A benefit event is taking place today (Saturday May 2) for one of the members of Motown’s great Funk Brothers house band. Eddie ‘Chank’ Willis, now 78 and the man who played his Gibson ‘Firebird’ guitar on hundreds of Tamla staples from ‘Please Mr. Postman’ to ‘I Was Made To Love Her’ and from ‘I Heard It Through The Grapevine’ to ‘My Girl’ to ‘Ain’t No Mountain High Enough,’ is the subject of the ‘For The Love Of Motown’ benefit concert in Bellmore, New York.
Local bands and musicians are toasting Willis and his wife Rose as their guests of honour today, during a four-hour event. Willis will share stories and sign autographs, as the show raises money for a prolific musician who has fallen into financial difficulties in recent years, made worse by the health issues he and his wife both face.
The guitarist suffered from polio as a child, limiting his mobility in later life, and years of underpayment for his work have left the couple surviving in their Mississippi home on a disability cheque and social security payments. In more recent times, Willis was one of the Funk Brothers who went to Switzerland to play on Phil Collins’ ‘Going Back’ album featuring Motown cover versions.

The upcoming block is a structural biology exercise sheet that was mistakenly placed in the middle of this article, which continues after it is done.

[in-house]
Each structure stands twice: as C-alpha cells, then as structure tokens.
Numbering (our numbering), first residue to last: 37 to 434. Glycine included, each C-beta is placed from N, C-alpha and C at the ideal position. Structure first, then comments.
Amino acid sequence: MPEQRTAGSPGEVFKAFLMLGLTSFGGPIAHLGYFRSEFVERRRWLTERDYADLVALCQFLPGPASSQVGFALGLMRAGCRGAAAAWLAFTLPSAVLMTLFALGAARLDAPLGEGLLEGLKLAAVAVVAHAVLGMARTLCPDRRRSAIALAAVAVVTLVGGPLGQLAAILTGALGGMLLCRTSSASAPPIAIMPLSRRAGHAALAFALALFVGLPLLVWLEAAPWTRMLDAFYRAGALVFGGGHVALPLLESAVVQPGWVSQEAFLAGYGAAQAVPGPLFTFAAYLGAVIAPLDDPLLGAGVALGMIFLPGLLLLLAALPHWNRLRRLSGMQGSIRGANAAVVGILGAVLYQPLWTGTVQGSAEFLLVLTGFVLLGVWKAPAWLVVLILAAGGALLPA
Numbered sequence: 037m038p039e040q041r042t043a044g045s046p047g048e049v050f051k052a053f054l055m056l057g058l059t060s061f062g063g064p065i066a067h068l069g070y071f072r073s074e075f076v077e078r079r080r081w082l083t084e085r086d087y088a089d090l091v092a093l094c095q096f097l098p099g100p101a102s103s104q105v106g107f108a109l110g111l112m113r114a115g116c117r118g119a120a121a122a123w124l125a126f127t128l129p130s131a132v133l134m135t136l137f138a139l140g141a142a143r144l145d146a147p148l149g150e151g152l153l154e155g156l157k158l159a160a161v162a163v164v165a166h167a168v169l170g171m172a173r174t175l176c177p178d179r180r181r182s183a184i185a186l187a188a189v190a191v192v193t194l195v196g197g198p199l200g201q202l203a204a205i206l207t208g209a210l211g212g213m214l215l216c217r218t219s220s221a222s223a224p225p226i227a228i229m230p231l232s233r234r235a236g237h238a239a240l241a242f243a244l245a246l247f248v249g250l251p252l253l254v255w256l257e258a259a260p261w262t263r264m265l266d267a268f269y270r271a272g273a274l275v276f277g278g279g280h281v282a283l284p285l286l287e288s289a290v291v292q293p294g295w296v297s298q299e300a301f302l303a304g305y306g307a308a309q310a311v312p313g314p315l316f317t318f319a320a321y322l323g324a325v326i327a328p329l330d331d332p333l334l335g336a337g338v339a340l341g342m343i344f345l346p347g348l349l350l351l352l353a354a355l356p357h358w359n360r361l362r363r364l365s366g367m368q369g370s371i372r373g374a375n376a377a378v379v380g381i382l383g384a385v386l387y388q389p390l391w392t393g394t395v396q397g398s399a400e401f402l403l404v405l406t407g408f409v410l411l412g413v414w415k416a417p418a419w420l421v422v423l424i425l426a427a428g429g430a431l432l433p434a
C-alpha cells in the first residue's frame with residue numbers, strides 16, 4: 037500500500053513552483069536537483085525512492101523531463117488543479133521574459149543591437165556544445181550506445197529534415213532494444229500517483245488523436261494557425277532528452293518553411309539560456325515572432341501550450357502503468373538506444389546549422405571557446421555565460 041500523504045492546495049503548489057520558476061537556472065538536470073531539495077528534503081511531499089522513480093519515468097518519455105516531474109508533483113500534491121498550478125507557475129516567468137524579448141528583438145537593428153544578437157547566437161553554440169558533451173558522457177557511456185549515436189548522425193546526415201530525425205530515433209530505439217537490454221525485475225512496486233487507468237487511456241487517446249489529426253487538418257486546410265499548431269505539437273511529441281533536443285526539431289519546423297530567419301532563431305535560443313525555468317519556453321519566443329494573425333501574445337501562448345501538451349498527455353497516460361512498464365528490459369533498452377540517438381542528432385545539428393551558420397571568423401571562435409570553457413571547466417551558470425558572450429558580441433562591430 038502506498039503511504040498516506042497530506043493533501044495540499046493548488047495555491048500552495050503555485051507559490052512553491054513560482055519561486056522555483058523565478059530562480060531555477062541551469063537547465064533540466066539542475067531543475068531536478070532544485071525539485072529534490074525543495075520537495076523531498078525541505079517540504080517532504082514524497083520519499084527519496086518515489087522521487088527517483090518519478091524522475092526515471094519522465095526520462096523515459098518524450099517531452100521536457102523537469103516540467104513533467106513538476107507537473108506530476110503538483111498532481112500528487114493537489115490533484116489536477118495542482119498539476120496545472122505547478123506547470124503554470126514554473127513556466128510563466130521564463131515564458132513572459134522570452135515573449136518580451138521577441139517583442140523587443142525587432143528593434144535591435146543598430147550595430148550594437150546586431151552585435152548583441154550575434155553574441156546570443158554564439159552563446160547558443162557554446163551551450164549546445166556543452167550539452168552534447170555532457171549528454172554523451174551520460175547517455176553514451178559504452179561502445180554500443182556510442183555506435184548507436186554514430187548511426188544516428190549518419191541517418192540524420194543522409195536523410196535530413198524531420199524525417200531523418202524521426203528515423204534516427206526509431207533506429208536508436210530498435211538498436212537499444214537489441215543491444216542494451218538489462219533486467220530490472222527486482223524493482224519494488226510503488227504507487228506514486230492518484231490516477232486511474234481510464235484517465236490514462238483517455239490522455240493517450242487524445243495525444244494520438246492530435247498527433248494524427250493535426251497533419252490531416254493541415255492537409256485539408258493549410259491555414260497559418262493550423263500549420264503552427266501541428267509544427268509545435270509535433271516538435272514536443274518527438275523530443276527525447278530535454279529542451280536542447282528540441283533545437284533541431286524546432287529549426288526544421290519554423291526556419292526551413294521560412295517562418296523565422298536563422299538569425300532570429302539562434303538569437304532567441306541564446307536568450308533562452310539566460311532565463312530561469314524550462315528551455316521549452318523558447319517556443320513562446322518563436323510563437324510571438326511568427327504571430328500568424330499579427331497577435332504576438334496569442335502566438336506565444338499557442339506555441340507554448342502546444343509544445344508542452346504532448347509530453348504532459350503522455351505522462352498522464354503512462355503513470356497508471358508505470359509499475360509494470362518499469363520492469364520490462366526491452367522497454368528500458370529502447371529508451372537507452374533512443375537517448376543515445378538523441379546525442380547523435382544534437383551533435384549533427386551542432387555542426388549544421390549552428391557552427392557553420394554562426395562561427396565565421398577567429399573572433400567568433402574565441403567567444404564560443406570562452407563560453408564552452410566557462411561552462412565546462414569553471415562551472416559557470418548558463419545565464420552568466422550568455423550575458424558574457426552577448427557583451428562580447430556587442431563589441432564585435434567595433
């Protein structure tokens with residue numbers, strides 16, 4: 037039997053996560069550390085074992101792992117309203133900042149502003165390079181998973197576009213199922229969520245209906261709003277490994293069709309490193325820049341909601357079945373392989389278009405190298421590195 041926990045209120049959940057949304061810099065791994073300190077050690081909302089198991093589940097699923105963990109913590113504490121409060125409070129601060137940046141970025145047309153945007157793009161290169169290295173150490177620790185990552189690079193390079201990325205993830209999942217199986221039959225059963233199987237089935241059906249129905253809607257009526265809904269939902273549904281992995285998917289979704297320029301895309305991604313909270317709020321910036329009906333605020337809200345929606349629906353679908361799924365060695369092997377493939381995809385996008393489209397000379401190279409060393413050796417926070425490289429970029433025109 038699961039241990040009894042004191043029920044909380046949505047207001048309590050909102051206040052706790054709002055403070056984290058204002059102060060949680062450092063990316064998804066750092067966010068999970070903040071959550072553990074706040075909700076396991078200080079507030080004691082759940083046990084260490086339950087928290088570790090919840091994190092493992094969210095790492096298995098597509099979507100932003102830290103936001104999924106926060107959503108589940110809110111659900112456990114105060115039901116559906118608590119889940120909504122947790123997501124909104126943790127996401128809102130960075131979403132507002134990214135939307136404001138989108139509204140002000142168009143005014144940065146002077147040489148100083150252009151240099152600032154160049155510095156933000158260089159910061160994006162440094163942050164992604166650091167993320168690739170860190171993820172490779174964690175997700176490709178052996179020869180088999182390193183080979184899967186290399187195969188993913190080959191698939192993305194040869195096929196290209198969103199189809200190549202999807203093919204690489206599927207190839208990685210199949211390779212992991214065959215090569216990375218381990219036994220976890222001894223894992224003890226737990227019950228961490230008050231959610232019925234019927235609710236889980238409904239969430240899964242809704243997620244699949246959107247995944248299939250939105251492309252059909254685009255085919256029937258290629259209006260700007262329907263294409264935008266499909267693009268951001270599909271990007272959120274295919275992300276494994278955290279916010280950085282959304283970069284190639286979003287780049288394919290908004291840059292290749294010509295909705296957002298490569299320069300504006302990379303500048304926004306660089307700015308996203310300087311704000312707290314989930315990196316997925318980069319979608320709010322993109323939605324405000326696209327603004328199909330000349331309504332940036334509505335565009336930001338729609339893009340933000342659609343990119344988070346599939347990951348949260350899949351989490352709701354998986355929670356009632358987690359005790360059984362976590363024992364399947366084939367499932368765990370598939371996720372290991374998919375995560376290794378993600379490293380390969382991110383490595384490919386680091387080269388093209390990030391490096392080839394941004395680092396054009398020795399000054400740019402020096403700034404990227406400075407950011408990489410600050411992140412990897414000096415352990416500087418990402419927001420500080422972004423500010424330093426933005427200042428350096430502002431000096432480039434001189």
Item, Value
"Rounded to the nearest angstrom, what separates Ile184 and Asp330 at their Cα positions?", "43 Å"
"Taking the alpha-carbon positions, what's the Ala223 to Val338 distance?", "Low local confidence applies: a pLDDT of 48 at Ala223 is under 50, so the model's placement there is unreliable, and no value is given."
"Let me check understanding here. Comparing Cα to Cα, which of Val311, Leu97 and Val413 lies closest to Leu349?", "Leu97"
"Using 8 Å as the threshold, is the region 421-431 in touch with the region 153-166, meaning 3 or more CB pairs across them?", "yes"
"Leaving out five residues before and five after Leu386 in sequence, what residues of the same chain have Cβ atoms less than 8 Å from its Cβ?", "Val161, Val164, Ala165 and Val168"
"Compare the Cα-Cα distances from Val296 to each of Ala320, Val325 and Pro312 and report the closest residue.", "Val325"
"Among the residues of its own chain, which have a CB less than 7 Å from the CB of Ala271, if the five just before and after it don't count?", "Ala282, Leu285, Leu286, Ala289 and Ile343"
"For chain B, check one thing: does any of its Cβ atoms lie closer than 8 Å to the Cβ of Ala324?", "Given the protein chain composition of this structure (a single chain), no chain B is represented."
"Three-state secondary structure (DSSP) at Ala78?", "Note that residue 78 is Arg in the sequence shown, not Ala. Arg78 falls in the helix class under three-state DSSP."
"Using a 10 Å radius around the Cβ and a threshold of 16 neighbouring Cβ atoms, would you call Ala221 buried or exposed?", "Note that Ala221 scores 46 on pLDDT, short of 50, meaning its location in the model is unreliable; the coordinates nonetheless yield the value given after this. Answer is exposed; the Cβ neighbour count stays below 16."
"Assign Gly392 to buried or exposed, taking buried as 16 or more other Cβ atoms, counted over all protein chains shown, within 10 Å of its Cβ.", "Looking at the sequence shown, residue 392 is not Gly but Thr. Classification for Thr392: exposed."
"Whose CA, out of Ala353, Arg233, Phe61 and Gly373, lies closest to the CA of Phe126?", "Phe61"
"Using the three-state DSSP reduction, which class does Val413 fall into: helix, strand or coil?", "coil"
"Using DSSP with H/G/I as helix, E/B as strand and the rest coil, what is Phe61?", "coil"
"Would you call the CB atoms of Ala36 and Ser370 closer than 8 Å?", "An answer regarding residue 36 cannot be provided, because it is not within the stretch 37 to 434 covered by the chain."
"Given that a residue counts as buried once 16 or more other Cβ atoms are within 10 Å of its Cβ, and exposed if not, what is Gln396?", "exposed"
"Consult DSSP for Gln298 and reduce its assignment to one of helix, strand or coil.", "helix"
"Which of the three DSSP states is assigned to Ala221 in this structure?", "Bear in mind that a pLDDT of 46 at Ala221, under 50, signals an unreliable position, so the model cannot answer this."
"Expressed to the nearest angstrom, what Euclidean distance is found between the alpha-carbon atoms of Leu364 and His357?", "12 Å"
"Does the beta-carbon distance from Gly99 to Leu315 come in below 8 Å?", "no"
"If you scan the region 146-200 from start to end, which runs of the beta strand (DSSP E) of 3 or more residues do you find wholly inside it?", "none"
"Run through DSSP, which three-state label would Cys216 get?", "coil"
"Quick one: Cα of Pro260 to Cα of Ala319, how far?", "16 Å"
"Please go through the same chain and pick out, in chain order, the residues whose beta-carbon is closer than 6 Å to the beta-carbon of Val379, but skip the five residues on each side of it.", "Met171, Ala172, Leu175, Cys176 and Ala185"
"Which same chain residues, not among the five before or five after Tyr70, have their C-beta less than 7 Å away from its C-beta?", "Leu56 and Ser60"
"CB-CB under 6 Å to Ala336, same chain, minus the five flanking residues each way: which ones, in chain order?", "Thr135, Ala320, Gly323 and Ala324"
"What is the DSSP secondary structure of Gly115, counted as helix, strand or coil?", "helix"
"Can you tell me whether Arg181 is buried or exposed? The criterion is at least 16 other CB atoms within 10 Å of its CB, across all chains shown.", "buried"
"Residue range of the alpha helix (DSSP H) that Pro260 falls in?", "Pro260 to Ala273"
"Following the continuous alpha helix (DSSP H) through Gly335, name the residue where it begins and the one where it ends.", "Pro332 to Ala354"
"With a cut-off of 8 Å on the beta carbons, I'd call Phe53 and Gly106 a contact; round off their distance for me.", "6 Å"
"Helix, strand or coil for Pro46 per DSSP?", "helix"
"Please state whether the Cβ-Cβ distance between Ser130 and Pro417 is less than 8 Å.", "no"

As is often said, the Funk Brothers played on more No. 1 hits than the combined total achieved by the Beatles, Elvis Presley, the Rolling Stones and the Beach Boys. “Motown let me down, but this amazing thing these people are doing makes me feel blessed,” Willis told the New York Daily News.
But in spite of his hardships, he remembers his great days at Motown with huge affection. “We had a lot of fun. That was like home,” he said. “So much fun, so much good music, so much of everything. We all worked playing at different clubs, and I might have my group in one club, and then this bass player might have a group at another club. Whatever.
“We all played together. And then sometimes we’d go back to the Snake Pit and play some more. We just loved to play.”